Prompt Payment: What’s so “proper” about an invoice?

Author: Faren Bogach |


The prompt payment regime under the Construction Act, requires "prompt" payment of invoices submitted by the contractor to the owner. A contractor is defined in the Construction Act as the party contracting with or employed directly by the owner or an agent of the owner to supply services or materials to an improvement. This means that a contractor includes anyone with a direct contract with the owner, for example: an architect, designer or supplier.

The triggering event for prompt payment is the contractor giving the owner a “proper invoice”, i.e. a written bill or other request for payment. After given a proper invoice, an owner is required to:

  • dispute all or part of the proper invoice within 14 calendar days of receipt of the proper invoice; and/or
  • pay all or the undisputed amount of the proper invoice within 28 calendar days of receipt of the proper invoice.

This article discusses the mandated requirements for a proper invoice as well as other requirements that you may want to include in your contracts. For example, many standard form contracts, such as CCDC contracts, are prepared for use across Canada, and may require some modifications to meet the requirements of Ontario’s Construction Act.

Mandatory requirements for a “proper invoice”

The Construction Act sets out the minimum requirements for an invoice to be a “proper invoice”. These requirements are:

  1. The contractor’s name and address.
  2. The date of the proper invoice and the period during which the services or materials were supplied.
  3. Information identifying the authority, whether in the contract or otherwise, under which the services or materials were supplied.
  4. A description, including quantity where appropriate, of the services or materials that were supplied.
  5. The amount payable for the services or materials that were supplied, and the payment terms.
  6. The name, title, telephone number and mailing address of the person to whom payment is to be sent.
  7. Any other information that may be prescribed.

The Construction Act allows the parties to include other proper invoice requirements in their contracts, with two exceptions:

- a proper invoice cannot be conditional on owner approval; and
- a proper invoice cannot be conditional on payment certification. However, it can require the testing and commissioning of the improvement or of services or materials supplied under the contract.

Considerations for “proper invoice” requirements to add to contracts

Beyond the mandatory requirements and restrictions in the Construction Act, the parties can agree on other requirements of a proper invoice. It is common for the parties to agree to require a statutory declaration that all subcontractors and trades have been paid in full, and a WSIB clearance certificate.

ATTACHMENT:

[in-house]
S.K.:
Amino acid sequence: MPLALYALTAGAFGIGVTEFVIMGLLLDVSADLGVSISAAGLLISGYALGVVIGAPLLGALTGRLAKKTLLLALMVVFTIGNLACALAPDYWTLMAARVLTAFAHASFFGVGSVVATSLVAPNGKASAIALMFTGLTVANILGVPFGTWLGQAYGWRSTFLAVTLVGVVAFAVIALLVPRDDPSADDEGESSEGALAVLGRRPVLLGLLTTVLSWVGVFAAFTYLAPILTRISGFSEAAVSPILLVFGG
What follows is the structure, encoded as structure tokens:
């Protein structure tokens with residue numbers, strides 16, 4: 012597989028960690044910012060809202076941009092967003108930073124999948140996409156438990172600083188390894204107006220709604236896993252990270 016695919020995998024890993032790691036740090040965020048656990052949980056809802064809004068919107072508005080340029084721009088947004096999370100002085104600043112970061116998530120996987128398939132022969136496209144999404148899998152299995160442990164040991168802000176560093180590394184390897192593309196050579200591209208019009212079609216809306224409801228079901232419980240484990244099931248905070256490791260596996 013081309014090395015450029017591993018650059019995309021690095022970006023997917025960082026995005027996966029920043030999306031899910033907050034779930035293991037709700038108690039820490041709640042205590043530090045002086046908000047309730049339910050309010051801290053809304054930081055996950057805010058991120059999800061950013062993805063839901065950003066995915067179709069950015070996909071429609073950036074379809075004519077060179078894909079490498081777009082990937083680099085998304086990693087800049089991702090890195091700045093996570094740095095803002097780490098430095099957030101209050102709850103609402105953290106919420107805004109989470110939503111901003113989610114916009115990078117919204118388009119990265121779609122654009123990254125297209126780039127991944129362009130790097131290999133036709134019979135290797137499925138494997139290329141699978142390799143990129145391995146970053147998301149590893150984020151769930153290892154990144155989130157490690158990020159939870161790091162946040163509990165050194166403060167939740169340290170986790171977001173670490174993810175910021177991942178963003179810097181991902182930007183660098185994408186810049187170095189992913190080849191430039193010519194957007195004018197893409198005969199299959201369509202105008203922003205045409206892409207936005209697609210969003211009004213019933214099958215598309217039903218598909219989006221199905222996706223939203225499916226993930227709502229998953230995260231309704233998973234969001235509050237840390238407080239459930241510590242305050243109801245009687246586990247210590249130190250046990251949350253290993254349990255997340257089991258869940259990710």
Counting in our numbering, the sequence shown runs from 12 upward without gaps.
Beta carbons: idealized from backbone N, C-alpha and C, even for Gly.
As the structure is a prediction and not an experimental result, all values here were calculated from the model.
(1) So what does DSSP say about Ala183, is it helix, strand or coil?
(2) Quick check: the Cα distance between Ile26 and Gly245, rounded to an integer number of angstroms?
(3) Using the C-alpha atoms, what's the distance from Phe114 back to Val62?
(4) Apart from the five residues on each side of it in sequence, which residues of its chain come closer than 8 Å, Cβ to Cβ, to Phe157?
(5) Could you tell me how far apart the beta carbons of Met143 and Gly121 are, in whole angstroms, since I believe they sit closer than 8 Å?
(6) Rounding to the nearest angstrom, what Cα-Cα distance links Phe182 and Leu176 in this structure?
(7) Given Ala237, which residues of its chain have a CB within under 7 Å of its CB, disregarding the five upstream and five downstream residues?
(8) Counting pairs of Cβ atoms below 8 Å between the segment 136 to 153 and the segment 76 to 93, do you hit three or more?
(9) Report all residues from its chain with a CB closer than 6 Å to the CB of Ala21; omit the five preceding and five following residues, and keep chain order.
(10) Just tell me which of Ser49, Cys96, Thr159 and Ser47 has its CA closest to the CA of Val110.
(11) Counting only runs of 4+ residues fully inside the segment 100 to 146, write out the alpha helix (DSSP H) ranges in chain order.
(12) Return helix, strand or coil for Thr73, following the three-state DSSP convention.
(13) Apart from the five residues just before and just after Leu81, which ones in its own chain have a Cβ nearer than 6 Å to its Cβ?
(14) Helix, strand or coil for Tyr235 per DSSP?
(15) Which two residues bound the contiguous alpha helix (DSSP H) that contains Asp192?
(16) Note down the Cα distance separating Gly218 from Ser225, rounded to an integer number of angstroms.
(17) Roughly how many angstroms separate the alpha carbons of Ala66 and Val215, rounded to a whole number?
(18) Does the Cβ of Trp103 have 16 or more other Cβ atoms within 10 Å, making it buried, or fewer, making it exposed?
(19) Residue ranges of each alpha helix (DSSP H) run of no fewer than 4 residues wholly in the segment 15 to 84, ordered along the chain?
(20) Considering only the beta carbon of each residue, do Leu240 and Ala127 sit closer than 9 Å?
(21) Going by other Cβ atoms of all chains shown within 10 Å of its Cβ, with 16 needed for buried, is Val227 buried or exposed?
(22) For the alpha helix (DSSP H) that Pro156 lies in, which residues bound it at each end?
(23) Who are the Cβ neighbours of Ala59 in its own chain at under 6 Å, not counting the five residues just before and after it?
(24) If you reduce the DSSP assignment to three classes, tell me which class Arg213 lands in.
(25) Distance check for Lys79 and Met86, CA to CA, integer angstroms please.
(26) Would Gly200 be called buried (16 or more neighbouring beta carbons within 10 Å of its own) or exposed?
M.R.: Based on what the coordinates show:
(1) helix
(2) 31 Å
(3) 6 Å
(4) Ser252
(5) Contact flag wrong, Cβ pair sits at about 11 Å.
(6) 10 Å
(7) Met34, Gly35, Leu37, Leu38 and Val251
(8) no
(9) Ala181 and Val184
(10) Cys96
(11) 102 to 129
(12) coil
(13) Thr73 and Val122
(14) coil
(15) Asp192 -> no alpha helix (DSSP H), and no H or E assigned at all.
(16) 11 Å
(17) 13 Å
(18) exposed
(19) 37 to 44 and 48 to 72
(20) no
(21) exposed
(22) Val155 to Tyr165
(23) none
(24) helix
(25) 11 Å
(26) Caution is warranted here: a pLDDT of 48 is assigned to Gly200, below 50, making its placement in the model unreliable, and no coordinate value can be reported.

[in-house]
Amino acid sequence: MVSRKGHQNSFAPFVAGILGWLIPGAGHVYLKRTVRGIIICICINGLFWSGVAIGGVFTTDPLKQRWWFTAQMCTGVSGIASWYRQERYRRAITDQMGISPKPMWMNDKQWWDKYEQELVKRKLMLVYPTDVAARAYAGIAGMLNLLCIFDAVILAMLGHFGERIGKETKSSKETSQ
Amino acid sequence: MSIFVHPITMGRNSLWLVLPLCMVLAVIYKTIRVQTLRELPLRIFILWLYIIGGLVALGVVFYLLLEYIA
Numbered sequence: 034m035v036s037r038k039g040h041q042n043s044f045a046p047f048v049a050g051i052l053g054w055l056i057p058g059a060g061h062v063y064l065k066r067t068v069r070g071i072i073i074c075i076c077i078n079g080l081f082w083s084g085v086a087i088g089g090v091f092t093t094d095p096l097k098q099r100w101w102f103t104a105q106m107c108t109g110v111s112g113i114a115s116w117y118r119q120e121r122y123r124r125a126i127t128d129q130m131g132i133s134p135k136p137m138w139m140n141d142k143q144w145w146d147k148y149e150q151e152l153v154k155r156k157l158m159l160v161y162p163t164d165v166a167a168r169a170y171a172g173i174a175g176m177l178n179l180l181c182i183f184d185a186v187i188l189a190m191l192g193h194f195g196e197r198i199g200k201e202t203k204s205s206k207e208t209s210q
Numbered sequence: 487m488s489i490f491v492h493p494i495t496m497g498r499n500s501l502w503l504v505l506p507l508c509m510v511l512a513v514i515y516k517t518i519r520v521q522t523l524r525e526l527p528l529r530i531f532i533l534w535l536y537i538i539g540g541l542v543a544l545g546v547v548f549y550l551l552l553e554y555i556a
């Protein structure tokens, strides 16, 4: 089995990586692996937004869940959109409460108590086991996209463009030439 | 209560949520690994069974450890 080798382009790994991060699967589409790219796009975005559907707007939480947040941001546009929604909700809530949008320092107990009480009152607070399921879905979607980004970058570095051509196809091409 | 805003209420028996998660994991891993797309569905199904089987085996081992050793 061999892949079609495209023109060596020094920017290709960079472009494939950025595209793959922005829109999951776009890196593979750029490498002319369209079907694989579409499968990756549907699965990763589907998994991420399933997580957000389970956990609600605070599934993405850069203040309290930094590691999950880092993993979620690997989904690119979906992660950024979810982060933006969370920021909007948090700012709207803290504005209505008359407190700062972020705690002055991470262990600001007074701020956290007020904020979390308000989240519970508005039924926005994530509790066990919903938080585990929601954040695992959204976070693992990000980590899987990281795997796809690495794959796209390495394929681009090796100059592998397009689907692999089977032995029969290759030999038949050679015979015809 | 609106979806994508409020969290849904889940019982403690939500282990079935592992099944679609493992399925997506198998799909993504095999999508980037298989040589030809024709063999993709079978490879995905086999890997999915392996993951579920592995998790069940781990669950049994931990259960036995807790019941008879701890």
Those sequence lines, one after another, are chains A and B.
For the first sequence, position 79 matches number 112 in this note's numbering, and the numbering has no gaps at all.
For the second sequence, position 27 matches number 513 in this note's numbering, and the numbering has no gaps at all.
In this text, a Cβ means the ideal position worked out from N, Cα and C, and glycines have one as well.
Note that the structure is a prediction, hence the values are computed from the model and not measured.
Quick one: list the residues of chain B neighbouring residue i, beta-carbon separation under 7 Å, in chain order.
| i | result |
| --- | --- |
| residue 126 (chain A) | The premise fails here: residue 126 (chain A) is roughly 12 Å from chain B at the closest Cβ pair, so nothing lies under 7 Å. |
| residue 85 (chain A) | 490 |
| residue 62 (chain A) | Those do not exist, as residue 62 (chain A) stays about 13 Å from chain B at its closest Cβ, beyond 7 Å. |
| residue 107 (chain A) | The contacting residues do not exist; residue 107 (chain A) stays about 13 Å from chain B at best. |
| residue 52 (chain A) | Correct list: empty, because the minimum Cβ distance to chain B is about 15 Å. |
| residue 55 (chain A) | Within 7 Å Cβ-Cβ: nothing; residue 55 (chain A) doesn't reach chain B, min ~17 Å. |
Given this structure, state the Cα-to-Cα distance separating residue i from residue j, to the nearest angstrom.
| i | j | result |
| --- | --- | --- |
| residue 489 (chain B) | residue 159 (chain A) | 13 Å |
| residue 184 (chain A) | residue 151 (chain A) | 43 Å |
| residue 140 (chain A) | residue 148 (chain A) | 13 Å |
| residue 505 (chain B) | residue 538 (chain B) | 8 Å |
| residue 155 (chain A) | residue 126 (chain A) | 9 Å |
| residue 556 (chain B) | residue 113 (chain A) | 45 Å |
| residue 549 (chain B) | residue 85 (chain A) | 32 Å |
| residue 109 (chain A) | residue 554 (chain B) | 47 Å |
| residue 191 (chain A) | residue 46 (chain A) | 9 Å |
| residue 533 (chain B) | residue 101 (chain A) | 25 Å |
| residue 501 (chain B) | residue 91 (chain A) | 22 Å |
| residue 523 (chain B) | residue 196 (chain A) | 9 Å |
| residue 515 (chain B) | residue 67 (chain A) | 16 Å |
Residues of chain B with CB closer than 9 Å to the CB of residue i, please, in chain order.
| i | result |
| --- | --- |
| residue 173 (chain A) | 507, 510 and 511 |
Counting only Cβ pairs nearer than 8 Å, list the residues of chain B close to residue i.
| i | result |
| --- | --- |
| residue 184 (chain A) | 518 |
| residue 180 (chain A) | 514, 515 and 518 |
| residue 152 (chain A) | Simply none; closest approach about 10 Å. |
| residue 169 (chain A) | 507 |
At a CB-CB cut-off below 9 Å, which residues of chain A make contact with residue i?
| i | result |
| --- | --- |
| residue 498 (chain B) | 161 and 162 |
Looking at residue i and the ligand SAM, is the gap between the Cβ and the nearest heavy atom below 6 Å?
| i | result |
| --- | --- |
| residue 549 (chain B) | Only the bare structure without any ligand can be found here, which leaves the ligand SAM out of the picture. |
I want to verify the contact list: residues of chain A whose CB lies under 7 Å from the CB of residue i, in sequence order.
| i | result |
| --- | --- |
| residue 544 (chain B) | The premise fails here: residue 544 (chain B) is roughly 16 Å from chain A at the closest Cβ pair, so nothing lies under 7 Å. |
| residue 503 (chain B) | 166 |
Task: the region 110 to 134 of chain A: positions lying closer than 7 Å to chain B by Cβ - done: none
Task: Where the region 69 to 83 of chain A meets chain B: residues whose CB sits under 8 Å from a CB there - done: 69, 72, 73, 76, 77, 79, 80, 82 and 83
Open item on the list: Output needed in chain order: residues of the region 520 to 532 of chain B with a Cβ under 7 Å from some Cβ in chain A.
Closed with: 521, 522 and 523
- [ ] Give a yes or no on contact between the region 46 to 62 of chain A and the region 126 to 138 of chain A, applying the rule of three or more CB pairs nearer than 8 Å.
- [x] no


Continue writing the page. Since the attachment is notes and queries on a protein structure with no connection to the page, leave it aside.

Other items that may be added to the requirements for a “proper invoice” include:

- updated schedule
- schedule of values
- approved change order work and extras; and
- “non-waiver” clauses.

“Proper invoice” submission process considerations

Given the complexity of the prompt payment regime (a subject which will be featured in a future article), here are some steps that can make the process more manageable for an owner:

- consider requiring that the proper invoice be given on a specific date each month so that it is easier to track the timing to pay and give notices of non-payment;
- consider setting out invoice delivery requirements, including a portal or e-mail address where invoices will be submitted;
- consider the appropriate billing period. The billing cycle can be monthly (the default if not specified in the contract) or based on milestone.

Here are some steps for contractors to consider to make the process more manageable:

- require subcontractors furnish the material and information that the contract needs to supply to the owner with the proper invoice; and
- have a process to review the proper invoice to ensure it meets the contractual obligations before it is submitted (if it is not a proper invoice it does not trigger
prompt payment obligations).

Final considerations

Time is money. A proper invoice can be adjusted or corrected after submission, with the owner’s consent. Doing so will not change the date of the proper invoice.

If you have any questions about a proper invoice or the prompt payment regime, please reach out to a member of Construct Legal!

The information contained in this article is not legal advice.